Saying No To Coworkers Is Not A Bad Idea After All
Helping coworkers may not be a good idea after all, especially when it is done in the morning, according to a study conducted by researchers from Michigan State University.
According to the study, helping coworkers in the morning can lead to mental exhaustion and self-serving behavior in the afternoon. And what makes it worse, the impact can ultimately create a toxic work environment.
This key finding was confirmed by Russell Johnson, a professor of management in MSU’s Broad College of Business, the main author of the research.
Johnson explained, “The increase in mental fatigue from helping coworkers in the morning led employees to reduce their helping behaviors in the afternoon and, perhaps more interestingly, they engaged in more self-serving political behaviors in the afternoon as well.”
Aside from that, workers who tend to be helpful in the morning to their office mates will become selfish in the afternoon.
The study compliments the previous study of Johnson that highlighted the downsides of helping others at work.
The Study and Key Results
To further probe the negative impact of helping coworkers, Johnson and his colleagues invited 91 full-time employees as respondents of the study.
For 10 consecutive days, the respondents answered surveys about their workplace experiences. They answered one survey in the morning and one in the afternoon.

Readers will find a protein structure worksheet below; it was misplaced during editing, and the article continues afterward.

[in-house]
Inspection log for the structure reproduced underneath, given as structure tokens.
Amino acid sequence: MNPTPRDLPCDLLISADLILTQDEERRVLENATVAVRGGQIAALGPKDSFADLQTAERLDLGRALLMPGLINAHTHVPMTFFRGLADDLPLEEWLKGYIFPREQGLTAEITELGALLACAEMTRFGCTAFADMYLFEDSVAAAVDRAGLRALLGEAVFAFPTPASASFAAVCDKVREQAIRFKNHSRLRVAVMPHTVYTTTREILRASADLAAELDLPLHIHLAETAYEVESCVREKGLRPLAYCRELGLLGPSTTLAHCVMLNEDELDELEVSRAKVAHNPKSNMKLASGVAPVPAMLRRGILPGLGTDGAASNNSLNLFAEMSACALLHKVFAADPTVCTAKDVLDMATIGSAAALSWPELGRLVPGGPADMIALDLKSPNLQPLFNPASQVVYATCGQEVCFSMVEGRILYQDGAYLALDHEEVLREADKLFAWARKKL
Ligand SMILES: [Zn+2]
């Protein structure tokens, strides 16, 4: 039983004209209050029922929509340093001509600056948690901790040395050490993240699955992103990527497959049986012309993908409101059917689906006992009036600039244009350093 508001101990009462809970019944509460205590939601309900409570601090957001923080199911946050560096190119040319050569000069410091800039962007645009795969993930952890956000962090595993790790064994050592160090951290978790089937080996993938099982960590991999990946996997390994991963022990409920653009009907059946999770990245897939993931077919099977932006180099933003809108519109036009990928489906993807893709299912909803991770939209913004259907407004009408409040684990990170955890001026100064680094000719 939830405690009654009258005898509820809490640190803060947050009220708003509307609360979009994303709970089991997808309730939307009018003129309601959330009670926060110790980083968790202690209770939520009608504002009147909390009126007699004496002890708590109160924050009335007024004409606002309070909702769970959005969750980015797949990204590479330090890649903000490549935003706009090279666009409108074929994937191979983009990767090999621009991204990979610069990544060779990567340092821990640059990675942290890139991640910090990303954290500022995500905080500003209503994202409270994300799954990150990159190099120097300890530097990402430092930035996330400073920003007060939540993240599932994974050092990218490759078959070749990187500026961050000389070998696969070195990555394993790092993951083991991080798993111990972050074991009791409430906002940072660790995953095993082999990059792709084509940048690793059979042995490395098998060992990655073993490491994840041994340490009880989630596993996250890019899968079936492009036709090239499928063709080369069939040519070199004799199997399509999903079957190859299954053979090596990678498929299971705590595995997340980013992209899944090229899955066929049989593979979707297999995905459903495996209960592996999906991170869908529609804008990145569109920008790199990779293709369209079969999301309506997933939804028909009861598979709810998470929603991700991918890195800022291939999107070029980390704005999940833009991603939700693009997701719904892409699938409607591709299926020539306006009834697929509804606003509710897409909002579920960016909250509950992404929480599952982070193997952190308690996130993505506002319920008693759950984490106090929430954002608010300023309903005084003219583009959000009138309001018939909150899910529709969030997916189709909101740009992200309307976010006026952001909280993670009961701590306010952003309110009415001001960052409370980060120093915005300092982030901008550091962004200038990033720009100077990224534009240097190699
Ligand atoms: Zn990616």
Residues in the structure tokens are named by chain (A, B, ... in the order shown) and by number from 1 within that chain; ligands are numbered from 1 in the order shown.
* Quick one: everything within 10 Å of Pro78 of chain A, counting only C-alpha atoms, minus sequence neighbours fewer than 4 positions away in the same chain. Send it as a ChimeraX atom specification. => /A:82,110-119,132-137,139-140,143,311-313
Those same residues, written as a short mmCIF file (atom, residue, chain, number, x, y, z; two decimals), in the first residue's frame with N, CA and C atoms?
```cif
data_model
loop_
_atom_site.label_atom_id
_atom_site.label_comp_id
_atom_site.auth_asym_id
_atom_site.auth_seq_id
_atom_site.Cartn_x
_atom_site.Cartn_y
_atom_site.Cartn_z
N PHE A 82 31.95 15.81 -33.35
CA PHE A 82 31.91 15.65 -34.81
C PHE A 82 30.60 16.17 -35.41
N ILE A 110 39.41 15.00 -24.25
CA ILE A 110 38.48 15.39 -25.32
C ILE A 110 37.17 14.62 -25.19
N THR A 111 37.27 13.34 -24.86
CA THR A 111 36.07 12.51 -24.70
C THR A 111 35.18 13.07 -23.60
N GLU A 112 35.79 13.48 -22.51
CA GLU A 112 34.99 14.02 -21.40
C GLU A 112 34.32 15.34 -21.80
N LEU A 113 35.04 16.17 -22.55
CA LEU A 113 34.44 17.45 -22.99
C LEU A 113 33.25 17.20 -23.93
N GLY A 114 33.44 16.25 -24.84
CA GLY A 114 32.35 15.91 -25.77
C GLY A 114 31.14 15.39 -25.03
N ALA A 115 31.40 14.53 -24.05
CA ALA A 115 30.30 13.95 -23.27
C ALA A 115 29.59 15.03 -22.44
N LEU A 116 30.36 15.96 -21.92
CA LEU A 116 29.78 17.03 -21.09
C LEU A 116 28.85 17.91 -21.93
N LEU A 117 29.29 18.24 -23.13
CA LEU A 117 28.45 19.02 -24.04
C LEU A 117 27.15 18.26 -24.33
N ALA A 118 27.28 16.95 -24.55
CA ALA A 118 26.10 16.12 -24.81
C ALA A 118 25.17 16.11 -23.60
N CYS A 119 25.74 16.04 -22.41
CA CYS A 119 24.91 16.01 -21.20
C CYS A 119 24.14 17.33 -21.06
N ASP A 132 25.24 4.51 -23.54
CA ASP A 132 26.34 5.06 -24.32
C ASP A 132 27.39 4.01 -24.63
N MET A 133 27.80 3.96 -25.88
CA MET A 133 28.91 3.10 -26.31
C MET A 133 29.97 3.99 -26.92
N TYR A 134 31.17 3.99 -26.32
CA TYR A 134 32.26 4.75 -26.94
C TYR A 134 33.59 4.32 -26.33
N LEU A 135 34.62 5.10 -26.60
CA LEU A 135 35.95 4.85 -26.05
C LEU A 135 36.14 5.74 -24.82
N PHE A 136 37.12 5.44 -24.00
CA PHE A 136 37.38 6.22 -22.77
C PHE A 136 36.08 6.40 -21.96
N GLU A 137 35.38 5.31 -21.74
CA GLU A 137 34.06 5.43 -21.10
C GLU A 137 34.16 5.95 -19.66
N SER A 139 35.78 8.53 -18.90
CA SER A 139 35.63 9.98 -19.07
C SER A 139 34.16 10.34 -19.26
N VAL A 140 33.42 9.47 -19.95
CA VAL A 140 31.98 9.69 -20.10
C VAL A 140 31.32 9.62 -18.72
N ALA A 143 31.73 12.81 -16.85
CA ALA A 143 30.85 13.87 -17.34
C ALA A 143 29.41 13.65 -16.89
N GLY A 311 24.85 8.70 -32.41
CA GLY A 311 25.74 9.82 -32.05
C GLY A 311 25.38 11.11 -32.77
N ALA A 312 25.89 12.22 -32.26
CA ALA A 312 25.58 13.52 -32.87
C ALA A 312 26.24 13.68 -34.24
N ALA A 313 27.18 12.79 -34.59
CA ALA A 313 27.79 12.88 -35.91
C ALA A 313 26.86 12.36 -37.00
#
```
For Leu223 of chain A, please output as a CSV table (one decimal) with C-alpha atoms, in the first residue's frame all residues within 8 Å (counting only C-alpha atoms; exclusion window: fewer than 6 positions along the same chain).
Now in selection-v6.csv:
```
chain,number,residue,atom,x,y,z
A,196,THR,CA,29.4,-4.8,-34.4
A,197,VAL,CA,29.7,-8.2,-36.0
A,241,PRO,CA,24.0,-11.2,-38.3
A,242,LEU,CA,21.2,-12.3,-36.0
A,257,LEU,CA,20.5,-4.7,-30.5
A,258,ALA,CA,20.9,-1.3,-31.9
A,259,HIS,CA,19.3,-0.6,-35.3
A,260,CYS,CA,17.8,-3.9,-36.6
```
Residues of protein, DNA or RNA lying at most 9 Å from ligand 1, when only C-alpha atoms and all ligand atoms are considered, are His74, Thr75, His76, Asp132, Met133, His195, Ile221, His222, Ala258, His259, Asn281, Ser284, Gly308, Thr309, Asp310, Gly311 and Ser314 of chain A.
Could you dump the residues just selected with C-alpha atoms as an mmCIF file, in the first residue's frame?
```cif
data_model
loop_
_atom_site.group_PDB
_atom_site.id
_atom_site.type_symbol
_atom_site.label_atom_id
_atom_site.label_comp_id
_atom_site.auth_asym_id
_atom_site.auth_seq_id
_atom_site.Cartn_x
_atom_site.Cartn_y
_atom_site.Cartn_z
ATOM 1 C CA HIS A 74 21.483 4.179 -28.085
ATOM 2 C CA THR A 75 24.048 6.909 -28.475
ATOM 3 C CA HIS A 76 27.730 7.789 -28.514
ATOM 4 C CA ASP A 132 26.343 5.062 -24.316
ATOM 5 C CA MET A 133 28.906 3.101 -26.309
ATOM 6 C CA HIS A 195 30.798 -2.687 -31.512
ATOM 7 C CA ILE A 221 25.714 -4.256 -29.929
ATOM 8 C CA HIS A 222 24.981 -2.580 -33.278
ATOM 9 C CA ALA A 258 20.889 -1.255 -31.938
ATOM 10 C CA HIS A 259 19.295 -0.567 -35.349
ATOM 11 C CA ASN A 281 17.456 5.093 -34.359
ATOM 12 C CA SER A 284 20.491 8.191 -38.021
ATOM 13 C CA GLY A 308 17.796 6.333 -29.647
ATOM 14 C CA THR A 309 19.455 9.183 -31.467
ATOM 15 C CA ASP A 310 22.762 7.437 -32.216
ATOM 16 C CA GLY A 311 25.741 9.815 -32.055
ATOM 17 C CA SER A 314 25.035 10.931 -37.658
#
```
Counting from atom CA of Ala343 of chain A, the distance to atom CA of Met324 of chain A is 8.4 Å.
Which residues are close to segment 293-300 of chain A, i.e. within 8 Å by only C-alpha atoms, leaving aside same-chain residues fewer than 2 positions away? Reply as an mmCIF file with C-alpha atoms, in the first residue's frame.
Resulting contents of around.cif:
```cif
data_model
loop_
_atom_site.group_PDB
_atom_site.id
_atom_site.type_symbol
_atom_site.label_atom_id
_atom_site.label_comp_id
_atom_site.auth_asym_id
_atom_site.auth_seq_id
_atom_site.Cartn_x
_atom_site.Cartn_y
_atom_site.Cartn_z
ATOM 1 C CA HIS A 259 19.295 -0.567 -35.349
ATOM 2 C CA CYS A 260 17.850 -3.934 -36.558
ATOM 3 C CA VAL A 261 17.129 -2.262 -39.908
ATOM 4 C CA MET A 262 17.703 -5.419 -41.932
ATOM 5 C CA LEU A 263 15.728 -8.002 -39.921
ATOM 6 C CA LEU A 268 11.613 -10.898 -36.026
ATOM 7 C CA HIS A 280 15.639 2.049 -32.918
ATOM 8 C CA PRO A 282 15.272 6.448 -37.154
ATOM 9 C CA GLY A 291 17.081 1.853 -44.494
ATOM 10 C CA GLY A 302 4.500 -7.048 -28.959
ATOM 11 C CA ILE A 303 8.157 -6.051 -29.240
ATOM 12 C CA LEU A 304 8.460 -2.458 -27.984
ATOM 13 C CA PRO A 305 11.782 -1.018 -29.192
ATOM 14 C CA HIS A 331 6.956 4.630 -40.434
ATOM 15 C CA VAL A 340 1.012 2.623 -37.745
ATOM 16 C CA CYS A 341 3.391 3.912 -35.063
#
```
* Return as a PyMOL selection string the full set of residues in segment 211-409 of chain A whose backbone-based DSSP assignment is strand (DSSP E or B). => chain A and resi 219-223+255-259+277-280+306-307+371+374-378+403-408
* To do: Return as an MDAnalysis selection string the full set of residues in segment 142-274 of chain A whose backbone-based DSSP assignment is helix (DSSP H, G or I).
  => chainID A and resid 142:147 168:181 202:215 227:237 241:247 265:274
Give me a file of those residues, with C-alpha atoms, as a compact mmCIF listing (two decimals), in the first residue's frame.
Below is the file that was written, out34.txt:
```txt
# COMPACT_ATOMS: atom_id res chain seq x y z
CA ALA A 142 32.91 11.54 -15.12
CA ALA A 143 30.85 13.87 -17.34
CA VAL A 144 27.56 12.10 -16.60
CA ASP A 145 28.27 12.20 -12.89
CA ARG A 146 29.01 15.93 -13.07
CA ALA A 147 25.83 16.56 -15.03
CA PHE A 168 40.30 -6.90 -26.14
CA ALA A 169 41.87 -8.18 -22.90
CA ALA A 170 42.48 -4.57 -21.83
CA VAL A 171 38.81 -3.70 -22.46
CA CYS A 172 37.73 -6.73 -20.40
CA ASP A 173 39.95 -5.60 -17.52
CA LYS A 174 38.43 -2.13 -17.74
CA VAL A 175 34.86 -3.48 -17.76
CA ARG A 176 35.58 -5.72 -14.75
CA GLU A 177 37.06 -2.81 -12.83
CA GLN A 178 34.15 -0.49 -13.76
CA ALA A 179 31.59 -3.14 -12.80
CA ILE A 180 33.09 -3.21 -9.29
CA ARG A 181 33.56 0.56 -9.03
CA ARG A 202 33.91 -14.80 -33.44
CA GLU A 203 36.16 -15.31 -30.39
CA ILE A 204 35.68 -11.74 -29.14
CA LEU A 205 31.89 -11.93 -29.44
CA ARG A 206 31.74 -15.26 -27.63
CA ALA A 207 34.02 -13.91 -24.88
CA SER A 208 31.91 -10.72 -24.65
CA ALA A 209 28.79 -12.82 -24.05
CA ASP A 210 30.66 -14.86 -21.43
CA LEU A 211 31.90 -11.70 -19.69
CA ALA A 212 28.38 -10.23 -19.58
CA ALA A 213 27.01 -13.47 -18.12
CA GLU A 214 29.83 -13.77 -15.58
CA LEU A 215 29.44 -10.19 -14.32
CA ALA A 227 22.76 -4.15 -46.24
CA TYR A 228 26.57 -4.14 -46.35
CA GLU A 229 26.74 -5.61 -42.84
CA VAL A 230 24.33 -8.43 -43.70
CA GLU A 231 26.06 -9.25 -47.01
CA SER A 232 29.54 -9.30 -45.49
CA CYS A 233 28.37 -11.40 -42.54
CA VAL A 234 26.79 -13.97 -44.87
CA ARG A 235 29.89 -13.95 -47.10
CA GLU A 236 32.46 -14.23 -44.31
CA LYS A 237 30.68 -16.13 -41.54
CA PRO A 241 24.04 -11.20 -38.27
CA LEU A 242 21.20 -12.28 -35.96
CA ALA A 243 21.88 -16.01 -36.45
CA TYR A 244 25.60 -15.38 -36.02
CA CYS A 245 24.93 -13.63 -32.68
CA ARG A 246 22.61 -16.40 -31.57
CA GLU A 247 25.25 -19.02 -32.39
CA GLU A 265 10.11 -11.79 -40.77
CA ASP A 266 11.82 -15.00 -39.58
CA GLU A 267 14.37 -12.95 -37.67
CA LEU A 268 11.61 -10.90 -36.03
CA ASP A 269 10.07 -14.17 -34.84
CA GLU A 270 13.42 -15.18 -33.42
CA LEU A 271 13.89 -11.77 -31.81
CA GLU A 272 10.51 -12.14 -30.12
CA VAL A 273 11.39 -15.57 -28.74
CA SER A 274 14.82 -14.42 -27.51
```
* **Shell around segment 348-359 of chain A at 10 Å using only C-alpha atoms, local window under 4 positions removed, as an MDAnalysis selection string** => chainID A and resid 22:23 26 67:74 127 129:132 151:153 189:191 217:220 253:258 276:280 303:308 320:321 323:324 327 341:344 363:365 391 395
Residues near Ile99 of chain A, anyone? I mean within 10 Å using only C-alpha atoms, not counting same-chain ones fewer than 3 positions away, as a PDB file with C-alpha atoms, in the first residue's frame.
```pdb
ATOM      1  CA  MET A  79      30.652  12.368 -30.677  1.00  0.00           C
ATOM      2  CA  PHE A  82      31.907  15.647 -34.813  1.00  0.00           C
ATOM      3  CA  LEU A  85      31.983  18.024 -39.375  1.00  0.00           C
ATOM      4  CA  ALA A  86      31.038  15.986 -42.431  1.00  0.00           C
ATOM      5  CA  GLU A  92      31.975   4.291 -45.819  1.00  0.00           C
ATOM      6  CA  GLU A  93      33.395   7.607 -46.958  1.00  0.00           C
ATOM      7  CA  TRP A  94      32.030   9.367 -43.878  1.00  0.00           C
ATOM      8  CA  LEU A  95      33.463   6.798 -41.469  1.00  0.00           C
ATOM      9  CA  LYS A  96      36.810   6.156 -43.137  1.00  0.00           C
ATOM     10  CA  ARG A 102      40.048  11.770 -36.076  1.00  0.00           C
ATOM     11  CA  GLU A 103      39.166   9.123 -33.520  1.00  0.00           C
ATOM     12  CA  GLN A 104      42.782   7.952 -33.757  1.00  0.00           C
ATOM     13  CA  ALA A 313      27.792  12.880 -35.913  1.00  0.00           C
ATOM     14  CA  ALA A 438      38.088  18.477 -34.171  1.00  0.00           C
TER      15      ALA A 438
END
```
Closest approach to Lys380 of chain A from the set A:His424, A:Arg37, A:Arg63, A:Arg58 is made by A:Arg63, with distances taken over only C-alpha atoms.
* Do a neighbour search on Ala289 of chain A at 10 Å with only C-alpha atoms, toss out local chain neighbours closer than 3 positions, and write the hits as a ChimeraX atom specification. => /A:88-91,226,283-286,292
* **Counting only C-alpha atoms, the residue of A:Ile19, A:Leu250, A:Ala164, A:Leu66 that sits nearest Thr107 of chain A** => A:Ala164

Here are the results:
The study found that helping workers may not only harm the well-being of the individual, but through the subsequent increase in political behavior may harm others in the office as well.
The study explained, “Although we did not identify the consequences of these political behaviors, research has established that political acts from employees can culminate into a toxic work environment with negative well-being and performance consequences.”
Amid the negative impact of working coworkers, the researcher are not saying that workers will not extend any help to their coworkers in the morning. It is suggested that they can still help their office mates, but only with discretion.
In addition, work breaks and lunch breaks can be helpful for employers. In this way, employees can recover from work-related fatigue.